The cat lord (also rendered as Cat Lord), also known as master cat, was one of the Animal Lords. The cat lord was the ruler of all felines, from the common house cat to the huge smilodon (sabre-toothed tiger).
- Human forms
- The cat lord could choose to appear as a pale- or dark-skinned human with dark hair. Their clothing was always black, possibly with gold trim, and they wore gold and jewelry with gems that were the same colors as found in cats.[note 1]
- Feline forms
- The cat lord also appeared as either a black cat or black panther, with very large, sharp teeth and claws.
The cat lord was indifferent to nearly everything and everyone, except those things and creatures which affected the lives of cats.
A cat lord had superhuman strength and dexterity and a genius-level intelligence. Their hearing and vision were five times more acute than a normal human's, plus they could see great distances in the dark. They could leap 30 ft (9.1 m) in any direction, including straight up, and always landed on ther feet with no recovery time needed. The cat lord could outrun a horse and could move almost perfectly silently under normal conditions.
A cat lord spoke Common and all manner of feline languages, including caterwaul, chimera, displacer beast, dragonne, kamadan, sea lion, tabaxi, and weretiger. They had a form of telepathy that could be used to communicate with almost any creature once per day, if necessary. They also had spell-like powers to blur, haste, speed, or use improved invisibility on themselves only; travel by dimension door, etherealness, astral travel, or teleport without error; and detect good, detect evil, or hypnotize others. They could travel freely to the Outer Planes.
The cat lord was extremely hard to hit, resistant to most magic, and could shapeshift between human and feline form at will.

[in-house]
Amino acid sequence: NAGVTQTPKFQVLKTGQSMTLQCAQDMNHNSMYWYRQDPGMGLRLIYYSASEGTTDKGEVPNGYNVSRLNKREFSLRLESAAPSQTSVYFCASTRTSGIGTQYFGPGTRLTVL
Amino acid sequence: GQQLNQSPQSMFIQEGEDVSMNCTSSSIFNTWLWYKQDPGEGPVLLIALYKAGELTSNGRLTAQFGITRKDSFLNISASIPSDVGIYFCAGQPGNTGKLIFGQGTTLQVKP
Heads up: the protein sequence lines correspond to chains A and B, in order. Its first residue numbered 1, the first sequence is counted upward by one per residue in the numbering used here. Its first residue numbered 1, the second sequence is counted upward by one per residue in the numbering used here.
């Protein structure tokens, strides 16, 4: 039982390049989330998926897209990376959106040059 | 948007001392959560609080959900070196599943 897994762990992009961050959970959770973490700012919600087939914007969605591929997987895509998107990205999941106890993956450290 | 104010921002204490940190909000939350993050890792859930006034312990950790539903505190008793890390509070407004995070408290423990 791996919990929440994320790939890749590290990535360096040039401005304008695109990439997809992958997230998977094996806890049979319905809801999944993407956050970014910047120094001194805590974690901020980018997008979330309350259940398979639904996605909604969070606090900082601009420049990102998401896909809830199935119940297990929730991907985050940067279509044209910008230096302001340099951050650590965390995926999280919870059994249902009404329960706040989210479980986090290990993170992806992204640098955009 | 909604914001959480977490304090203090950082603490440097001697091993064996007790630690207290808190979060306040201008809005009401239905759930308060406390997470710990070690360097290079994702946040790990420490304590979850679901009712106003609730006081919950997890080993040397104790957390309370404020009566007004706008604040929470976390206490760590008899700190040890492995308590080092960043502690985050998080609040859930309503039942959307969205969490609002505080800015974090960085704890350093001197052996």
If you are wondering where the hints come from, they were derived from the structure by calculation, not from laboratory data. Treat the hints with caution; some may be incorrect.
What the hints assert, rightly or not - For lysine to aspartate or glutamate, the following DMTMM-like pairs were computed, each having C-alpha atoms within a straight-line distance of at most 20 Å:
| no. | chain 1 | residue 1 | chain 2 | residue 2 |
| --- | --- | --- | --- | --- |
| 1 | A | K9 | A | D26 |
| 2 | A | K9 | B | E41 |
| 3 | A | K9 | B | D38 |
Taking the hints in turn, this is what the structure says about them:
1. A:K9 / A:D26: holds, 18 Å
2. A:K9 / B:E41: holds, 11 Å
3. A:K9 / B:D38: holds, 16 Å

When they took human form, a catlord could choose to be either a highly skilled monk or a master thief, with all the professional abilities of the chosen form. The master cat could magically summon other cats to their aid. In random fashion, they could bring forth one or two weretigers, a handful of elfin cats or giant lynxes, or up to fifty domestic cats. Summoned felines were always completely obedient and loyal to the cat lord.
In panther form, they fought with two razor-sharp front claws and a vicious bite. On alternating bite attacks, they could hiss and spit, and the spittle caused magical blindness in a target unless they successfully resisted. This blindness was permanent until dispelled or cured. As an alternative to a melee attack, they could emit a howl that stunned all but felines in a 19-ft (5.8-m) radius unless they managed to resist.
If wounded, the master cat could lick their wounds nine times per day. Each lick restored health very similar to a cure light wounds spell. They could also summon other cats to their aid in feline form. The creatures that appeared ranged from small wild cats, up through the large cats to smilodons.
The cat lord was typically a loner, and except for other cats, had very few known friends. However, the elven god Solonor Thelandira, who was allied with various nature powers and Animal Lords, had a particular alliance with the cat lord, with whom he shared a dominion over hunting.